Source Division of Gastroenterology, Department of Medicine, Walter Reed National Military Medical Center, Washington, D.C.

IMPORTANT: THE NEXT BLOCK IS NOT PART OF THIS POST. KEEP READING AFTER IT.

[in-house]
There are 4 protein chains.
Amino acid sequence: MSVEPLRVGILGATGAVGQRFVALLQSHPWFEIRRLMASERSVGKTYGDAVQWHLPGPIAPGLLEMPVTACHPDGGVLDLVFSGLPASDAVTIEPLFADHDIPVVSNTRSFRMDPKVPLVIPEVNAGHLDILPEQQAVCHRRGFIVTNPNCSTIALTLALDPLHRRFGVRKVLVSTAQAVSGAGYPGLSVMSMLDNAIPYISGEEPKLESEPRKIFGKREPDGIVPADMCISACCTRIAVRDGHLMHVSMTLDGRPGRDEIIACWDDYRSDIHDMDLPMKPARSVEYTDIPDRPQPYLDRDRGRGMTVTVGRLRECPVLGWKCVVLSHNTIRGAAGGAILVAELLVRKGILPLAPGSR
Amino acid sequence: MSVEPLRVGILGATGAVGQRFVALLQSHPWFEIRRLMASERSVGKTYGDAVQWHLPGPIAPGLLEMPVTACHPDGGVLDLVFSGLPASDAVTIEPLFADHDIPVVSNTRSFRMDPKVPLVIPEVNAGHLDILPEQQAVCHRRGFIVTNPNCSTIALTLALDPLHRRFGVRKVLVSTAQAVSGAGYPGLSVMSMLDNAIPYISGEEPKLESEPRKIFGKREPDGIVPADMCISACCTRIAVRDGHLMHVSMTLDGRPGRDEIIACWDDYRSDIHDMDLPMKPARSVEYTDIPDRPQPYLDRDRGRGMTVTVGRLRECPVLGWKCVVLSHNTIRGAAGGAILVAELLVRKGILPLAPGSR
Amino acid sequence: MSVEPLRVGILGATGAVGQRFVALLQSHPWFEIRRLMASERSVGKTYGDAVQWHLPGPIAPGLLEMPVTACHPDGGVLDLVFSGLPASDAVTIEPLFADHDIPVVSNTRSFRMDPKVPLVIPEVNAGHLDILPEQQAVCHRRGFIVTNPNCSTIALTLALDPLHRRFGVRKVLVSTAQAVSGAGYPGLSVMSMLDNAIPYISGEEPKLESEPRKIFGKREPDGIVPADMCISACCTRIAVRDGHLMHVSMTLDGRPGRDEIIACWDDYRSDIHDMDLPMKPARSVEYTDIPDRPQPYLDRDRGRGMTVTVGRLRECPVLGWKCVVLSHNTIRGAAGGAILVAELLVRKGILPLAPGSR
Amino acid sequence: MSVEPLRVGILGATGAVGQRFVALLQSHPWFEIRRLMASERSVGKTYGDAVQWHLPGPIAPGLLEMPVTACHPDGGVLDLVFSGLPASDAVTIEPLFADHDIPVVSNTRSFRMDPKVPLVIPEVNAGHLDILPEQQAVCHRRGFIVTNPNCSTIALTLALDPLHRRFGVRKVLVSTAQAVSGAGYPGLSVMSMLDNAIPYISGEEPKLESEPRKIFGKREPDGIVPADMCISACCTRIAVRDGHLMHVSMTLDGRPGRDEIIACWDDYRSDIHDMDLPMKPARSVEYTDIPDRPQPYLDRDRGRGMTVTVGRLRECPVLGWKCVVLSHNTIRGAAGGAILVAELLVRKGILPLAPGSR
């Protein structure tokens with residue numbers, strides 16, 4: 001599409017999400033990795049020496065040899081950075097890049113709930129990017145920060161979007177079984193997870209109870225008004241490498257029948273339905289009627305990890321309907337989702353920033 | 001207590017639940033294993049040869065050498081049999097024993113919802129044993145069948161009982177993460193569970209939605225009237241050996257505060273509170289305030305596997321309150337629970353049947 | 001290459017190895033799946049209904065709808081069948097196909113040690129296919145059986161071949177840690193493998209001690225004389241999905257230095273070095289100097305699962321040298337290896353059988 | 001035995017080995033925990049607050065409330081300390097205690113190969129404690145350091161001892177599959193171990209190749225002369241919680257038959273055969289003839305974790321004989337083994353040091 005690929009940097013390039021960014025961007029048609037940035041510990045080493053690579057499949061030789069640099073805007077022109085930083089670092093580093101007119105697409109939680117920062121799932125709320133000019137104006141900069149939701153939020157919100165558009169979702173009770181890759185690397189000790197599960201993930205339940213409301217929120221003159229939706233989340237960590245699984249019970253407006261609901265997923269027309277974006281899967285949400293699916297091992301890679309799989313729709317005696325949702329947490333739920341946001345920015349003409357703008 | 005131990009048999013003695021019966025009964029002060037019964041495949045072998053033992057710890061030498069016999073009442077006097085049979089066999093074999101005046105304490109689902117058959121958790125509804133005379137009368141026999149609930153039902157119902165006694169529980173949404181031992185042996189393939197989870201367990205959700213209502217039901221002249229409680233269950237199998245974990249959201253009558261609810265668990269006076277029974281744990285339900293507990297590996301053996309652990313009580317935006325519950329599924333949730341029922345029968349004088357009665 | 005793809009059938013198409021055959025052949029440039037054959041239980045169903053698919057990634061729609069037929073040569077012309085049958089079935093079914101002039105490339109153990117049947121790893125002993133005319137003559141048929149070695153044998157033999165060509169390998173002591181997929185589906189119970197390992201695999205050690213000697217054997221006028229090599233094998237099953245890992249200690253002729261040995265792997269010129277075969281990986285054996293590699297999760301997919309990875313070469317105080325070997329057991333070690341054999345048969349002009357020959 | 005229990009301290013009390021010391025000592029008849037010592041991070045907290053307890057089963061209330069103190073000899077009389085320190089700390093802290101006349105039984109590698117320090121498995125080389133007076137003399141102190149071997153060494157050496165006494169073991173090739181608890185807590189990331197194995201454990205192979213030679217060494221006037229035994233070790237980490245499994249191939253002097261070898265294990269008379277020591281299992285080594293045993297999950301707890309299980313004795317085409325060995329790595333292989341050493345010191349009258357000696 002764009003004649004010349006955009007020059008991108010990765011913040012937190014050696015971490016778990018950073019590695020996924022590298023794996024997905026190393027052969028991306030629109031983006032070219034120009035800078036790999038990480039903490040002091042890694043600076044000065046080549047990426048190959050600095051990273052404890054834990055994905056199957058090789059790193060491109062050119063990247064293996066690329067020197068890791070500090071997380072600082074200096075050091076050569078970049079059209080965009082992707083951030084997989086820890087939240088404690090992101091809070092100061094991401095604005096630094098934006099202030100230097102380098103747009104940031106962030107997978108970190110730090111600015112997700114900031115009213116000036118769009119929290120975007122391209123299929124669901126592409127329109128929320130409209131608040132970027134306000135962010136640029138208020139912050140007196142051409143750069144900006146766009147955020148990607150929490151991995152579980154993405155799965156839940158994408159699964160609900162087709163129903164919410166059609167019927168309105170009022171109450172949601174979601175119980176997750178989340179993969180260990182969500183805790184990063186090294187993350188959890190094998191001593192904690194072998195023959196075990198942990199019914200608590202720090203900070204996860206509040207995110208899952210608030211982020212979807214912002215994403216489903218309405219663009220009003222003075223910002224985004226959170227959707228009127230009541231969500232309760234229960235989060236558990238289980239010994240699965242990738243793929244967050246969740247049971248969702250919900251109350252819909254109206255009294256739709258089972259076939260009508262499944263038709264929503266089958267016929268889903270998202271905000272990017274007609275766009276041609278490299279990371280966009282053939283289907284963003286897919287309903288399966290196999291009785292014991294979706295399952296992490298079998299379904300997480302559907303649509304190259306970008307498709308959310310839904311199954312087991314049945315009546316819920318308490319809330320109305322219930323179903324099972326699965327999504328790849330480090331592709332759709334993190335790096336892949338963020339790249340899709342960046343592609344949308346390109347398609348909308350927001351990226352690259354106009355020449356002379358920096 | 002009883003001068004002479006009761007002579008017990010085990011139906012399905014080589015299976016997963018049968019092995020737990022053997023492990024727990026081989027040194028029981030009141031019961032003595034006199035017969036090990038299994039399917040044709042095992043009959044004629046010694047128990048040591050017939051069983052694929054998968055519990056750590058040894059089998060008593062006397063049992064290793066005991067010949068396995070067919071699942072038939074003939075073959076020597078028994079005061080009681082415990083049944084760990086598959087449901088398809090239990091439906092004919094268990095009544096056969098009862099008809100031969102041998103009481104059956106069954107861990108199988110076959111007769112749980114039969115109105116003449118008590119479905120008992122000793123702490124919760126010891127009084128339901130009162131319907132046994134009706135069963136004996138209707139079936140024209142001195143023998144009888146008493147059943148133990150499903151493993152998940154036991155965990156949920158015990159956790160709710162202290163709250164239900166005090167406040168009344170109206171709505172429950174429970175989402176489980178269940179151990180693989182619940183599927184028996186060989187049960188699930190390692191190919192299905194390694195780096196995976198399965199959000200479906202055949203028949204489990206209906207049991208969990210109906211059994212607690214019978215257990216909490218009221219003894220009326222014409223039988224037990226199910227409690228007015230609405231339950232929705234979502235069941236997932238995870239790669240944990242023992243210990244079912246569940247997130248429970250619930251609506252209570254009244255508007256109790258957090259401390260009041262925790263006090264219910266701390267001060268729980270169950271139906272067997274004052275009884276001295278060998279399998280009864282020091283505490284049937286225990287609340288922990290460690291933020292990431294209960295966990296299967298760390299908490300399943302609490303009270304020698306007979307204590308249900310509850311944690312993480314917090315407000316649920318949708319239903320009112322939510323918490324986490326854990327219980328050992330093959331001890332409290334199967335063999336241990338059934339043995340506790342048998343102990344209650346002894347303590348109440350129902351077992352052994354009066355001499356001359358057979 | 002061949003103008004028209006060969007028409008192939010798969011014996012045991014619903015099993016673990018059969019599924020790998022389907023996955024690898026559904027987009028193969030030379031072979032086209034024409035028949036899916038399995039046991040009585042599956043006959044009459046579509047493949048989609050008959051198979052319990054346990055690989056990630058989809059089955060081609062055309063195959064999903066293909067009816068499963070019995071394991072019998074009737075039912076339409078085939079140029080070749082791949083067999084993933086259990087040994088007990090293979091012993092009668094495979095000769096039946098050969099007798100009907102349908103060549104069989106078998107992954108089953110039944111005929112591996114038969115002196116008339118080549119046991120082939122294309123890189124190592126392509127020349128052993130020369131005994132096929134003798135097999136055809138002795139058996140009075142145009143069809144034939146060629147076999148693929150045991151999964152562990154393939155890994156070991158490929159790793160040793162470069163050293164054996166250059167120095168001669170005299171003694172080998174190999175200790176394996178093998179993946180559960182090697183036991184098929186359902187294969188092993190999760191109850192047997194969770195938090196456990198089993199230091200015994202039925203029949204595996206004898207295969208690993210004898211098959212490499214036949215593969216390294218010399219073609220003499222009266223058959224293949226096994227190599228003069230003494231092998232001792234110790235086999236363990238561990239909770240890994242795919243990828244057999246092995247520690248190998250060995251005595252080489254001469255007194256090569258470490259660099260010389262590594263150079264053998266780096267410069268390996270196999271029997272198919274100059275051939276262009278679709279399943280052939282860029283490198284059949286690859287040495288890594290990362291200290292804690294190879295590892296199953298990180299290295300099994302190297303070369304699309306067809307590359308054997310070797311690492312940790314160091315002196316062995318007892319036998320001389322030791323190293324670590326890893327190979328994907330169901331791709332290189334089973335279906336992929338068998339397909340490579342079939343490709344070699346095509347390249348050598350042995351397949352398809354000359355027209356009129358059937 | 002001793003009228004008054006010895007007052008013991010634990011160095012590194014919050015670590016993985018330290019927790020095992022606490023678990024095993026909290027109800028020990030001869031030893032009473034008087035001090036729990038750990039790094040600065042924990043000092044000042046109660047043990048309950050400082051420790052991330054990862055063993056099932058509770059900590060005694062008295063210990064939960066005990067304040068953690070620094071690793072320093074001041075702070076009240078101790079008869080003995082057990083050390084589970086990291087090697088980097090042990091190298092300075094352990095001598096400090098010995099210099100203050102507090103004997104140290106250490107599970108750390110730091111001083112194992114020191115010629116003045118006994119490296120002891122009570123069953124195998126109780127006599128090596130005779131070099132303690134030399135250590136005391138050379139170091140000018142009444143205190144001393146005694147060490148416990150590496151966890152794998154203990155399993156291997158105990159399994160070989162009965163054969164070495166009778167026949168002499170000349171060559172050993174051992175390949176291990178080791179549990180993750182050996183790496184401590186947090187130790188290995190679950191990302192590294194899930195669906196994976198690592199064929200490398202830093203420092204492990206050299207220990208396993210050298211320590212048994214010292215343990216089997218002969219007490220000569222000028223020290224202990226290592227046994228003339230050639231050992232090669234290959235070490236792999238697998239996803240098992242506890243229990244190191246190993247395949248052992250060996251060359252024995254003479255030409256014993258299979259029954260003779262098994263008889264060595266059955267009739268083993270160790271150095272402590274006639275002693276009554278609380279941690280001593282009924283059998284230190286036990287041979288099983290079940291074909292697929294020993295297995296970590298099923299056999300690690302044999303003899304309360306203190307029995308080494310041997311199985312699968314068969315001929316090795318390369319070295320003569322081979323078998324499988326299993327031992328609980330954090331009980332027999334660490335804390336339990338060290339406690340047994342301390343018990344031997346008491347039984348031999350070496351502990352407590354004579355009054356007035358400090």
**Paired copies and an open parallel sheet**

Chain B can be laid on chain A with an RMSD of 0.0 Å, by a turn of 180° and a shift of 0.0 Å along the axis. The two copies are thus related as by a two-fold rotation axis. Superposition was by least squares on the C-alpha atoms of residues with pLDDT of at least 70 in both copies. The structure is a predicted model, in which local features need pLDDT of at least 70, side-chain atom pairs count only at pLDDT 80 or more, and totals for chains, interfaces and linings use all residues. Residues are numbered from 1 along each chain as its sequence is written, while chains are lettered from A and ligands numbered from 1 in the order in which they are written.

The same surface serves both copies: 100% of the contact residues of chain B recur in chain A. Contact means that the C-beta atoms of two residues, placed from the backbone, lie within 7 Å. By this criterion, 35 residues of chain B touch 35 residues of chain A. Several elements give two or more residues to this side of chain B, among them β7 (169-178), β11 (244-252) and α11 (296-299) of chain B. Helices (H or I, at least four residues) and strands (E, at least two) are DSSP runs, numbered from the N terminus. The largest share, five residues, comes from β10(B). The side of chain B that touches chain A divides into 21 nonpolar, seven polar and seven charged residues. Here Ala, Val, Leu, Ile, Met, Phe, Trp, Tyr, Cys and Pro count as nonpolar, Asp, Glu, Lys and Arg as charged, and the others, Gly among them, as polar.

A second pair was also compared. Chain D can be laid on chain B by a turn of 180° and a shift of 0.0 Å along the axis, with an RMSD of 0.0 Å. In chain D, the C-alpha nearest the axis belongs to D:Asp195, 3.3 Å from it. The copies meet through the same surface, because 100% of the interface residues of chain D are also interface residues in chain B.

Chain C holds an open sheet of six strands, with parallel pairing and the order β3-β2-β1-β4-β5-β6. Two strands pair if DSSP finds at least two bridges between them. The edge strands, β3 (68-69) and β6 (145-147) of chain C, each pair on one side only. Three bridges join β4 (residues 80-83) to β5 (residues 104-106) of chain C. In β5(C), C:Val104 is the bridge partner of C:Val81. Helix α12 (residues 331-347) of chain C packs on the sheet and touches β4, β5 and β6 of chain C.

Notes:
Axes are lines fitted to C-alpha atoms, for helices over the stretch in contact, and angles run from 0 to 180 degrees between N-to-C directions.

Nonalcoholic fatty liver disease (NAFLD) is easily the most common cause of chronic liver disease in the United States (U.S.) as the hepatic manifestation of the metabolic syndrome. Although only 5 to 20% of patients with NAFLD are generally considered to meet criteria for nonalcoholic steatohepatitis (NASH), with its inherent risk for progression to cirrhosis, this still represents an alarmingly large number of individuals. The exponentially growing rates of hepatocellular carcinoma (HCC) in the U.S. may be partially attributable to increased numbers of NASH cirrhotics, although recent evidence has suggested that NAFLD may directly promote hepatic carcinogenesis independent of cirrhosis. This review focuses on HCC in noncirrhotic NASH with an emphasis on clinical presentation, pathogenesis, and implications for screening.